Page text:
In terms of specific programs, Fox News hosts Sean Hannity, Glenn Beck and Bill O’Reilly have succeeded in attracting conservative and attentive audiences. This is also the case for radio host Rush Limbaugh.
Most of those who regularly watch O’Reilly (63%) and Hannity (65%) are 50 or older; 44% of the public is 50 or older. By contrast, the Daily Show and Colbert Report have the youngest audiences of any outlet included in the survey. Large majorities of those who say they regularly watch the Colbert Report (80%) and the Daily Show (74%) are younger than 50; 55% of public is 18 to 49.
News Audiences’ Political Views
Ideology continues to be closely associated with people’s choice of certain news sources. Eight-in-ten Americans (80%) who regularly listen to Rush Limbaugh or watch Sean Hannity are conservative – roughly twice the national average of 36%. And at the other end of the spectrum, the New York Times, Keith Olbermann, the Daily Show, the Colbert Report and Rachel Maddow have regular audiences that include nearly twice the proportion of liberals than in the public.
News audiences also vary widely when it comes to opinions about current issues and topics. For instance, those who describe themselves as supporters of the Tea Party movement make up disproportionately large proportions of the audiences for Limbaugh’s radio show and Fox News opinion programs. This also is the case for supporters of the NRA (National Rifle Association).
By contrast, supporters of gay rights make up large shares of regular New York Times readers, viewers of the Colbert Report and NPR listeners. Several ideologically divergent news audiences – including Wall Street Journal readers and viewers of the Colbert Report and Glenn Beck show – include larger-than-average percentages of self-described libertarians.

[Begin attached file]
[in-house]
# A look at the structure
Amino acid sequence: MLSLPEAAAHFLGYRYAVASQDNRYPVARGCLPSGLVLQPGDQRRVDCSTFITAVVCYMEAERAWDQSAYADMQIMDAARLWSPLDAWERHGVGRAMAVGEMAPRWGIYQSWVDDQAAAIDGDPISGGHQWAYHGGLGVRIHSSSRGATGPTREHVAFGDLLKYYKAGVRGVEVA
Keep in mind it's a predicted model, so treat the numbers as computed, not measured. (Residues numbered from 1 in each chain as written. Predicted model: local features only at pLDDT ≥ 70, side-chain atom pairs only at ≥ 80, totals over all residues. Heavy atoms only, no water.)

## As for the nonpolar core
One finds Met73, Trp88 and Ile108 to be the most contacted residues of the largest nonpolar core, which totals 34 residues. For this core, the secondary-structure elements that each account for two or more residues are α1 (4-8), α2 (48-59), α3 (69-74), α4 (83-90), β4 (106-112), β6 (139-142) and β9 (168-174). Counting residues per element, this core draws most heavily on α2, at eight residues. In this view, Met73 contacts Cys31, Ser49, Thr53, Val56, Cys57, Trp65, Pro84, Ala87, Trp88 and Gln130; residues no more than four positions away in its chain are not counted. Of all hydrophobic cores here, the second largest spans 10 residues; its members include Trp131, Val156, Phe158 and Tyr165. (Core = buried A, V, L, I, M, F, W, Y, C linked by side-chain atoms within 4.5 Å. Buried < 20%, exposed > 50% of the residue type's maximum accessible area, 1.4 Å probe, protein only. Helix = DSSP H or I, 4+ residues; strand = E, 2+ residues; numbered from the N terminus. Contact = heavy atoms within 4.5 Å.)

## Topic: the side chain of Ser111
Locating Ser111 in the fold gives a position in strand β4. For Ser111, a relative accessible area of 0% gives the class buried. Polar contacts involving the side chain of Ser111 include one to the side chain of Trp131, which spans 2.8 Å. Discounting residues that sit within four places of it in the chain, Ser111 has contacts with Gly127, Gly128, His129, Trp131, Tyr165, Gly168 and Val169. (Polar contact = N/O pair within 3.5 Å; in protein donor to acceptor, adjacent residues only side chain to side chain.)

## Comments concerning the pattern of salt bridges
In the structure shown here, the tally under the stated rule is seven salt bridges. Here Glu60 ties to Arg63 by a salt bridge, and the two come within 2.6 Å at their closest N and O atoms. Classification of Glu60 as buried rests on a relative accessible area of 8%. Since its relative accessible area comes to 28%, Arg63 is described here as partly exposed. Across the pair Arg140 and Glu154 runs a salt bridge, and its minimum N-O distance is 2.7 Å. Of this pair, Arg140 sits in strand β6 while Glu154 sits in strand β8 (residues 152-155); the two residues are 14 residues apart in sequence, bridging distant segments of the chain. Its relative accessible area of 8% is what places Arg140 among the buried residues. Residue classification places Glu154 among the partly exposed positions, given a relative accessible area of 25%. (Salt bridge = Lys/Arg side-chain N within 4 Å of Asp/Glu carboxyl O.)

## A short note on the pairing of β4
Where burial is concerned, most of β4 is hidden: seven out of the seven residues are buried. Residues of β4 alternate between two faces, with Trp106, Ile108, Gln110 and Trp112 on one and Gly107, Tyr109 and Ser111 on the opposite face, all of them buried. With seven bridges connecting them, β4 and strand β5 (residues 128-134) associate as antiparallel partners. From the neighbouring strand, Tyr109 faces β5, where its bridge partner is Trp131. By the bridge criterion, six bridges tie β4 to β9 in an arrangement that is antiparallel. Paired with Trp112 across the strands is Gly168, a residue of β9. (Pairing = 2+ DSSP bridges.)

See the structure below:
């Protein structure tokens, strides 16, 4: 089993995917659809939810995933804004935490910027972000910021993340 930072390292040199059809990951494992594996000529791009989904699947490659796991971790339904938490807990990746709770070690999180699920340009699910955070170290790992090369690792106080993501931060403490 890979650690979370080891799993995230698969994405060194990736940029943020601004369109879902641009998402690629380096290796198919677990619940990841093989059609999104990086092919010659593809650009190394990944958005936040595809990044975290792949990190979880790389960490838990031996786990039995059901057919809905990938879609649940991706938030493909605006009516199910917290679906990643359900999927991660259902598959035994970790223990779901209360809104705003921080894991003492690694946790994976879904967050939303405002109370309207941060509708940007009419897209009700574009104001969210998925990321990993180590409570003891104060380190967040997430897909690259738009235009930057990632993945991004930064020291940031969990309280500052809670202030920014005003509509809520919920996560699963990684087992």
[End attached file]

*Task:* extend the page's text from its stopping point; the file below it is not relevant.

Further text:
News Outlets’ Appeal: From Breaking News to Entertainment
News audiences are drawn to different sources for different reasons. A substantial majority (64%) of regular CNN viewers say they turn to the network for the latest news and headlines; far fewer say they turn to CNN for in-depth reporting (10%), interesting views and opinions (6%) or entertainment (4%). Similarly, the main appeal of network evening news, USA Today and daily newspapers is the latest news and headlines.
Regular Fox News viewers offer somewhat different reasons for tuning into that network: 44% say they go to Fox for the latest news, but a sizable minority (22%) volunteers several reasons or say that all apply.
Regular readers of the Wall Street Journal and New York Times are drawn particularly by in-depth reporting; 37% and 33%, respectively, say they mostly read those papers for in-depth reporting, the highest percentages for any new outlet.
For the audiences of evening cable programs – whether liberal or conservative – interesting views and opinions are the primary appeal. That is the case for regular listeners of Rush Limbaugh as well, although many Limbaugh listeners cite multiple reasons or say that all apply.
For some news audiences, such as regular NPR listeners, no single reason stands out as to why people watch, read or listen: 28% of regular NPR listeners cite several, or all, of the reasons listed, while nearly as many say they listen for the latest news (21%) or for in-depth reporting (20%).